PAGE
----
Jesus lived and died for a whole universe, not just for the races of this one world. While the mortals of the realms had salvation even before Jesus lived and died on Urantia, it is nevertheless a fact that his bestowal on this world greatly illuminated the way of salvation; his death did much to make forever plain the certainty of mortal survival after death in the flesh.

Though it is hardly proper to speak of Jesus as a sacrificer, a ransomer, or a redeemer, it is wholly correct to refer to him as a savior. He forever made the way of salvation (survival) more clear and certain; he did better and more surely show the way of salvation for all the mortals of all the worlds of the universe of Nebadon.

When once you grasp the idea of God as a true and loving Father, the only concept which Jesus ever taught, you must forthwith, in all consistency, utterly abandon all those primitive notions about God as an offended monarch, a stern and all-powerful ruler whose chief delight is to detect his subjects in wrongdoing and to see that they are adequately punished, unless some being almost equal to himself should volunteer to suffer for them, to die as a substitute and in their stead. The whole idea of ransom and atonement is incompatible with the concept of God as it was taught and exemplified by Jesus of Nazareth. The infinite love of God is not secondary to anything in the divine nature.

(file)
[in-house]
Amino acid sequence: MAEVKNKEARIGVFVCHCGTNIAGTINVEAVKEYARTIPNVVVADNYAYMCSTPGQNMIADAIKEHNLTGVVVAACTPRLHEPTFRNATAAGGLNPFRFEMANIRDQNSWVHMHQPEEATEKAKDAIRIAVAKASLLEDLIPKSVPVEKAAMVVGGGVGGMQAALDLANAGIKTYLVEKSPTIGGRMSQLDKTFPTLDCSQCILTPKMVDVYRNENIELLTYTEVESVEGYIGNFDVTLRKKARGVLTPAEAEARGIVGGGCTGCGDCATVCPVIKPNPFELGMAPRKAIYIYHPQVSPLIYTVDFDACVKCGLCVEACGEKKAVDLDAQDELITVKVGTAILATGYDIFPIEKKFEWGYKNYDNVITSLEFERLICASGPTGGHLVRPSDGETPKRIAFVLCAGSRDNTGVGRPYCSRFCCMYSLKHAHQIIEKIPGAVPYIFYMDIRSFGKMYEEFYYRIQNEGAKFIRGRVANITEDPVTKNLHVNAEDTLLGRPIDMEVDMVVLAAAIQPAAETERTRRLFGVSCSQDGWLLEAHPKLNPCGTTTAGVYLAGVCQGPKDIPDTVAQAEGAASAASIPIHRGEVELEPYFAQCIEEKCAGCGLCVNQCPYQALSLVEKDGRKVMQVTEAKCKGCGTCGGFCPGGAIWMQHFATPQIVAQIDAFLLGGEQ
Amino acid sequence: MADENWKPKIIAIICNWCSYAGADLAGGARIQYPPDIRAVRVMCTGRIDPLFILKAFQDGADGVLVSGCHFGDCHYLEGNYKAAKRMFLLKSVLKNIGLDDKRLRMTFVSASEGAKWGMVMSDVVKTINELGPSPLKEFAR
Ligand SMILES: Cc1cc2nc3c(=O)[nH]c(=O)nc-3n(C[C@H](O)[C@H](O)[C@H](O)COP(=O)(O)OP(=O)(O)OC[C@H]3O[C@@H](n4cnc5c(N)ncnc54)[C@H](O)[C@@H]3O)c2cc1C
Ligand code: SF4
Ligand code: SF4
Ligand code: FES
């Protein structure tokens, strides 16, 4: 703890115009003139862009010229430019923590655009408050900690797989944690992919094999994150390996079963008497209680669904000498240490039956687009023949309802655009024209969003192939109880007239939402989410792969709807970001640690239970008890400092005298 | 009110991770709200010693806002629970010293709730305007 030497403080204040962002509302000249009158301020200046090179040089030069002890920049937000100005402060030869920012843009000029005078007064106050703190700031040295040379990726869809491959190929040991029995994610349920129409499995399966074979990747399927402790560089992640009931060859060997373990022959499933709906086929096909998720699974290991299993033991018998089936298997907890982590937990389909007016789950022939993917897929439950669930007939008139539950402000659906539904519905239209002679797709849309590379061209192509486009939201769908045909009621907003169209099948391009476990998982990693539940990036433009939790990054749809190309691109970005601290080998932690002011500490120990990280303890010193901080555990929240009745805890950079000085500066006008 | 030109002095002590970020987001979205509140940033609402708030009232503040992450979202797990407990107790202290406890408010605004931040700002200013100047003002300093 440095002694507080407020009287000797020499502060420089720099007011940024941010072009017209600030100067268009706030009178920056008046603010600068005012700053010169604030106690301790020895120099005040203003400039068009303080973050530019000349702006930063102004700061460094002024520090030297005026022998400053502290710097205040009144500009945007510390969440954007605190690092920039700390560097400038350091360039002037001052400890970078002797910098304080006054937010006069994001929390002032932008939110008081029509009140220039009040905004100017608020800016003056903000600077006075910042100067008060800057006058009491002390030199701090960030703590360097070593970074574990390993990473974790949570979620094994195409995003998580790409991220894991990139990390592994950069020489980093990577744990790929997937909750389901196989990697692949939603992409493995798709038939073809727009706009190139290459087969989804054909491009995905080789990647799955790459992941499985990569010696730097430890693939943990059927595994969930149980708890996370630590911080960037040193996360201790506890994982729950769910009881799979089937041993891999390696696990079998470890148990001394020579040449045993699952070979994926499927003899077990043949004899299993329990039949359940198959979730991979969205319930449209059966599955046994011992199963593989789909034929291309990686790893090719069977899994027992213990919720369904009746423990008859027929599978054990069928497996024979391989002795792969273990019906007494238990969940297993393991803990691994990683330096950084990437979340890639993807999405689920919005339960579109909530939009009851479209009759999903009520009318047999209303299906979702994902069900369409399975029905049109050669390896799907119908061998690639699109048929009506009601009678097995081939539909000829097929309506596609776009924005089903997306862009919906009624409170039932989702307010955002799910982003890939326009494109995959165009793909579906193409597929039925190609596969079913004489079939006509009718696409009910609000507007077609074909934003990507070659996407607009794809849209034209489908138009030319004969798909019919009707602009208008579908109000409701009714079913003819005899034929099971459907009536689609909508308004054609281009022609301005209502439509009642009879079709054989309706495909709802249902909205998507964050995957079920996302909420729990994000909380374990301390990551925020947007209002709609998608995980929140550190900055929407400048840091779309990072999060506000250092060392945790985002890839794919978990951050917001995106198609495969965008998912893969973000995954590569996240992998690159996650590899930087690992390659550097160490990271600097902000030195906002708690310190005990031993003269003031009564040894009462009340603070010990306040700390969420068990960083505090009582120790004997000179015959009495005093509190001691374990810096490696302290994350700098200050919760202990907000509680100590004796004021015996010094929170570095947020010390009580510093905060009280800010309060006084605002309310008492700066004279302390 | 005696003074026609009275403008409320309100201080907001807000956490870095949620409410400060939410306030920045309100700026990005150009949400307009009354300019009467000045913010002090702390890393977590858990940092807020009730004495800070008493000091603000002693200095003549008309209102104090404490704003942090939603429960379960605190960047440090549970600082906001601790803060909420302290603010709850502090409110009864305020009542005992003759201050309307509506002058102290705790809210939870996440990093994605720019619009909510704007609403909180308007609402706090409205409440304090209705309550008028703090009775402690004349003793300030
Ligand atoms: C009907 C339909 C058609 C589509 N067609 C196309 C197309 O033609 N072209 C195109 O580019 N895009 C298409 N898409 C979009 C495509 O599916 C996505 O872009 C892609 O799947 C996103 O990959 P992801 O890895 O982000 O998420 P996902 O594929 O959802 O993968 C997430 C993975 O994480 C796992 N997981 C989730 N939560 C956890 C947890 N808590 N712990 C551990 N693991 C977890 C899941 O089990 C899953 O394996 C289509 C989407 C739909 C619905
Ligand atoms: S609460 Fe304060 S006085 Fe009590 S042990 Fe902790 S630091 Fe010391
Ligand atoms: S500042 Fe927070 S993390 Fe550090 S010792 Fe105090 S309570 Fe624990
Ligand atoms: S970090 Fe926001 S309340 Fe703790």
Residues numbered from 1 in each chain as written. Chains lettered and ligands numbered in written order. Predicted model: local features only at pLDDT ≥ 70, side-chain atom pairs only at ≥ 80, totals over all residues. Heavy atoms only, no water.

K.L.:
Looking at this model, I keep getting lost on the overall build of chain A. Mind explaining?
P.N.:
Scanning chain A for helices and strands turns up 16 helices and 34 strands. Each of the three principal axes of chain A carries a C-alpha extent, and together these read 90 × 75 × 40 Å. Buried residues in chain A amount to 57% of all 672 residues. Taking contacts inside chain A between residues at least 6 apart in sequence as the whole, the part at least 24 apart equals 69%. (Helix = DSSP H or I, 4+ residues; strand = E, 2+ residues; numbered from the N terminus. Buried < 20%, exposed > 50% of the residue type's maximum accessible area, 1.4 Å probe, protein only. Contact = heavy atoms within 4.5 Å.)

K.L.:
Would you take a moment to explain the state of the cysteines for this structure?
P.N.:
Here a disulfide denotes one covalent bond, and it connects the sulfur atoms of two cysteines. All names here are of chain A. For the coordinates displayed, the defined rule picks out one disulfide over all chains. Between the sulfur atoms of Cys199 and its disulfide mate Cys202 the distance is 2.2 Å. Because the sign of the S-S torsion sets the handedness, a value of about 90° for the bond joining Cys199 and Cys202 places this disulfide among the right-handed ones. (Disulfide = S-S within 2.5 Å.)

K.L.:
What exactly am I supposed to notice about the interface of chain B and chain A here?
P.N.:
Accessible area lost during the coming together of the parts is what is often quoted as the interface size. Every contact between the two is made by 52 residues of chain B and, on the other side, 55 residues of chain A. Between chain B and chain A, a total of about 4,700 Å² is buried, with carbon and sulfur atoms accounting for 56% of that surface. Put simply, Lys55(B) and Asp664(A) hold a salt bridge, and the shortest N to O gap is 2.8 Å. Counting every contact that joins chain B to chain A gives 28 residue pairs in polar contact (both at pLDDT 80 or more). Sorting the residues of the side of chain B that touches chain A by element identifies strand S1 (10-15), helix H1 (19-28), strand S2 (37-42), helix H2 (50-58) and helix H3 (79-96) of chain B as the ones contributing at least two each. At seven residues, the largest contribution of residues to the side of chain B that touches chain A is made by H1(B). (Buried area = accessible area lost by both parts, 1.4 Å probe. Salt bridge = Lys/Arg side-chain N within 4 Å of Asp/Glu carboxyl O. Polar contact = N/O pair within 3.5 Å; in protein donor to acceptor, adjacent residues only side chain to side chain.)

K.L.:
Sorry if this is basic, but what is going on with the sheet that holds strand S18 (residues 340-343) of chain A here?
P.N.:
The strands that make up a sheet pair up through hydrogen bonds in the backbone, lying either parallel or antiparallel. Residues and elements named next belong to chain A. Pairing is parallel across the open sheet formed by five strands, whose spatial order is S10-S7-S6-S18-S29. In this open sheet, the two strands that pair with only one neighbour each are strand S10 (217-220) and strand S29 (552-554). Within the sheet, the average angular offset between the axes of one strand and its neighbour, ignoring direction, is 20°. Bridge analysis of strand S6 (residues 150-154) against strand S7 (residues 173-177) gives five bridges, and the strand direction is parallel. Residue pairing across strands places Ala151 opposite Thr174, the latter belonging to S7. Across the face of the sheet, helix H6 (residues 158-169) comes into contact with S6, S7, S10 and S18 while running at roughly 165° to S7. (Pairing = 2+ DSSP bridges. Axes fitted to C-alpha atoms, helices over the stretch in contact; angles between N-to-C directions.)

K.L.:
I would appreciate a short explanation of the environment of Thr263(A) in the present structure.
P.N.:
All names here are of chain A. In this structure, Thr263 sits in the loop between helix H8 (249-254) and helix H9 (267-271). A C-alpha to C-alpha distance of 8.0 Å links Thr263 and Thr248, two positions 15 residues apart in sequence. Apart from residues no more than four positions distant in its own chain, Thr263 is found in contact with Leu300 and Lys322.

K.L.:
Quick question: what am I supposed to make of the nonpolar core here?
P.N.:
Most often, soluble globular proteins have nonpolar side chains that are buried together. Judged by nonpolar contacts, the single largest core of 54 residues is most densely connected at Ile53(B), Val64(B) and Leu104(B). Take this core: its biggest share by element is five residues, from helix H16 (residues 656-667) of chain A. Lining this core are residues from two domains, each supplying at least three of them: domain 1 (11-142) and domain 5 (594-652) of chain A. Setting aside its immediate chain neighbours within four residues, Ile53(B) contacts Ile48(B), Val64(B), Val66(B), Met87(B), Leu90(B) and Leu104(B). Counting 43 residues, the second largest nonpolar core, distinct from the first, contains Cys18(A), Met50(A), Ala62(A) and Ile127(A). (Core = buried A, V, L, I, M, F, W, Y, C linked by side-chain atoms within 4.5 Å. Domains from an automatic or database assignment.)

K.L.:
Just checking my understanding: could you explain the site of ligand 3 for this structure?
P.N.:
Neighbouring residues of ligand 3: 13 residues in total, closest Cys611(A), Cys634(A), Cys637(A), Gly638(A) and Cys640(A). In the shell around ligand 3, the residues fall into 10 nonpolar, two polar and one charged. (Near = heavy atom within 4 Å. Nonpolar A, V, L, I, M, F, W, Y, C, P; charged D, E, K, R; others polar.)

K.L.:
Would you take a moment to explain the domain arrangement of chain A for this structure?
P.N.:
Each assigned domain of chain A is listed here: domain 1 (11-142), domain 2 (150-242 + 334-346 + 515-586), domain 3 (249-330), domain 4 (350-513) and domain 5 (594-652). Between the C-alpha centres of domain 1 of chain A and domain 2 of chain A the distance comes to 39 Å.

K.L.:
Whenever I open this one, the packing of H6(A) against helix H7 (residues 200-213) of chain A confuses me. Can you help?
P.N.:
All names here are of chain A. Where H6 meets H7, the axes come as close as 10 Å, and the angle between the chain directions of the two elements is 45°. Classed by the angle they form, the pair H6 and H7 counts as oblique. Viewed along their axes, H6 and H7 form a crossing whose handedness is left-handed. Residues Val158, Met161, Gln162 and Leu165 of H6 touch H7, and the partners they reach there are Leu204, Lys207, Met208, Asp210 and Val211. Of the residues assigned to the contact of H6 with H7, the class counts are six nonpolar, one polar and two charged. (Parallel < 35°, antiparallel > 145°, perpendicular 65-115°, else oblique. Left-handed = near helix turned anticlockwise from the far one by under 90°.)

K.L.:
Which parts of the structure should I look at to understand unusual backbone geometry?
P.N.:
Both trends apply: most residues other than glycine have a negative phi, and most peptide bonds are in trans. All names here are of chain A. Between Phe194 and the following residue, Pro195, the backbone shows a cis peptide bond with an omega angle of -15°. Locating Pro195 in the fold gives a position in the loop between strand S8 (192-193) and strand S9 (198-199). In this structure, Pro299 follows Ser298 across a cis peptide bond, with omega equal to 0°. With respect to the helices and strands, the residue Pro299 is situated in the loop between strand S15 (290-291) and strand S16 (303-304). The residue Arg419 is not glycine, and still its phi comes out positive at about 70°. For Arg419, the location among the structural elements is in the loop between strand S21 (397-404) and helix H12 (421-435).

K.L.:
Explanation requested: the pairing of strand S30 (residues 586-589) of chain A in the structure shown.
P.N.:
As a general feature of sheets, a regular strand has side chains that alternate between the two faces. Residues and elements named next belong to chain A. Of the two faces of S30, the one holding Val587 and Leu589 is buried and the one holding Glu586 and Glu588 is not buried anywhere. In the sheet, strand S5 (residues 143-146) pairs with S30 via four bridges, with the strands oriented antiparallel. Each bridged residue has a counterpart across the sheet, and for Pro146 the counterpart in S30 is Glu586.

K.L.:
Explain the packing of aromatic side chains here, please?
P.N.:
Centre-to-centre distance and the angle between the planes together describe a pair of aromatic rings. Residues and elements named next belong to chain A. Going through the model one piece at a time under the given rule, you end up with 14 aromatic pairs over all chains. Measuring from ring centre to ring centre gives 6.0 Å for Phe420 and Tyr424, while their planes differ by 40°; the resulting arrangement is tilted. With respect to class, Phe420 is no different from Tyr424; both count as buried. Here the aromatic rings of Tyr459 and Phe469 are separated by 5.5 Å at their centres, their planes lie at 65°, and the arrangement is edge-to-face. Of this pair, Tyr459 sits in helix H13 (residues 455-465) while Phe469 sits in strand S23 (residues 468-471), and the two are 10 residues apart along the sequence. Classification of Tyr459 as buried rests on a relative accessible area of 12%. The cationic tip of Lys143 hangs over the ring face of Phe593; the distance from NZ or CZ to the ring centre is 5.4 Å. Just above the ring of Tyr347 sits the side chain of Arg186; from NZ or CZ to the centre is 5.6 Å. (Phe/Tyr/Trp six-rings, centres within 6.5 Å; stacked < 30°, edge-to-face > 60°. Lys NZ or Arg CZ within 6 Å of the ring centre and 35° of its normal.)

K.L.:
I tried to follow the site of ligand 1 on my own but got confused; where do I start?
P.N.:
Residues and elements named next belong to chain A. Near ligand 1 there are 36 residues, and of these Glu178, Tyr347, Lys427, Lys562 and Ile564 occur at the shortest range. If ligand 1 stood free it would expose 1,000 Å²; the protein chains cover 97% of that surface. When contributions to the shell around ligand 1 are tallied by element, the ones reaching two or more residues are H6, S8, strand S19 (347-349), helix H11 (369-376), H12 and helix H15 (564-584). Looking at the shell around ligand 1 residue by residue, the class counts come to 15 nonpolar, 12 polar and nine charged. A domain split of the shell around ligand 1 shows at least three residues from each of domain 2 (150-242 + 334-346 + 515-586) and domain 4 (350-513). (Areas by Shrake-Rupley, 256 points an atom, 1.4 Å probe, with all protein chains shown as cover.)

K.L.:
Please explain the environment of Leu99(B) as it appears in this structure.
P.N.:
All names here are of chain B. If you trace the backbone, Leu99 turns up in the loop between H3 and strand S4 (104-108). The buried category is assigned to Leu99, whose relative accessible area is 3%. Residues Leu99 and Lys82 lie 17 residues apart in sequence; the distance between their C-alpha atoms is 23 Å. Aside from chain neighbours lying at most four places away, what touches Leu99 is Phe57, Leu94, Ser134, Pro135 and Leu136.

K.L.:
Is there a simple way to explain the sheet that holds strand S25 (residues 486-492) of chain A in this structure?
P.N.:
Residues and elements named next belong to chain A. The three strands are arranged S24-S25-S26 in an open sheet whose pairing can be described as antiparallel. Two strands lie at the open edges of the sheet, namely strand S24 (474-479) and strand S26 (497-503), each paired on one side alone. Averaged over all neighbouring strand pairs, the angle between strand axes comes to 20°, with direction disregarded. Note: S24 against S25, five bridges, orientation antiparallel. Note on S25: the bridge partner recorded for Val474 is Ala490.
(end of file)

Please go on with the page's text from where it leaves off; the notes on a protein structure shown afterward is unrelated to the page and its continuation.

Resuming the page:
All this concept of atonement and sacrificial salvation is rooted and grounded in selfishness. Jesus taught that service to one's fellows is the highest concept of the brotherhood of spirit believers. Salvation should be taken for granted by those who believe in the fatherhood of God. The believer's chief concern should not be the selfish desire for personal salvation but rather the unselfish urge to love and, therefore, serve one's fellows even as Jesus loved and served mortal men.

Neither do genuine believers trouble themselves so much about the future punishment of sin. The real believer is only concerned about present separation from God. True, wise fathers may chasten their sons, but they do all this in love and for corrective purposes. They do not punish in anger, neither do they chastise in retribution.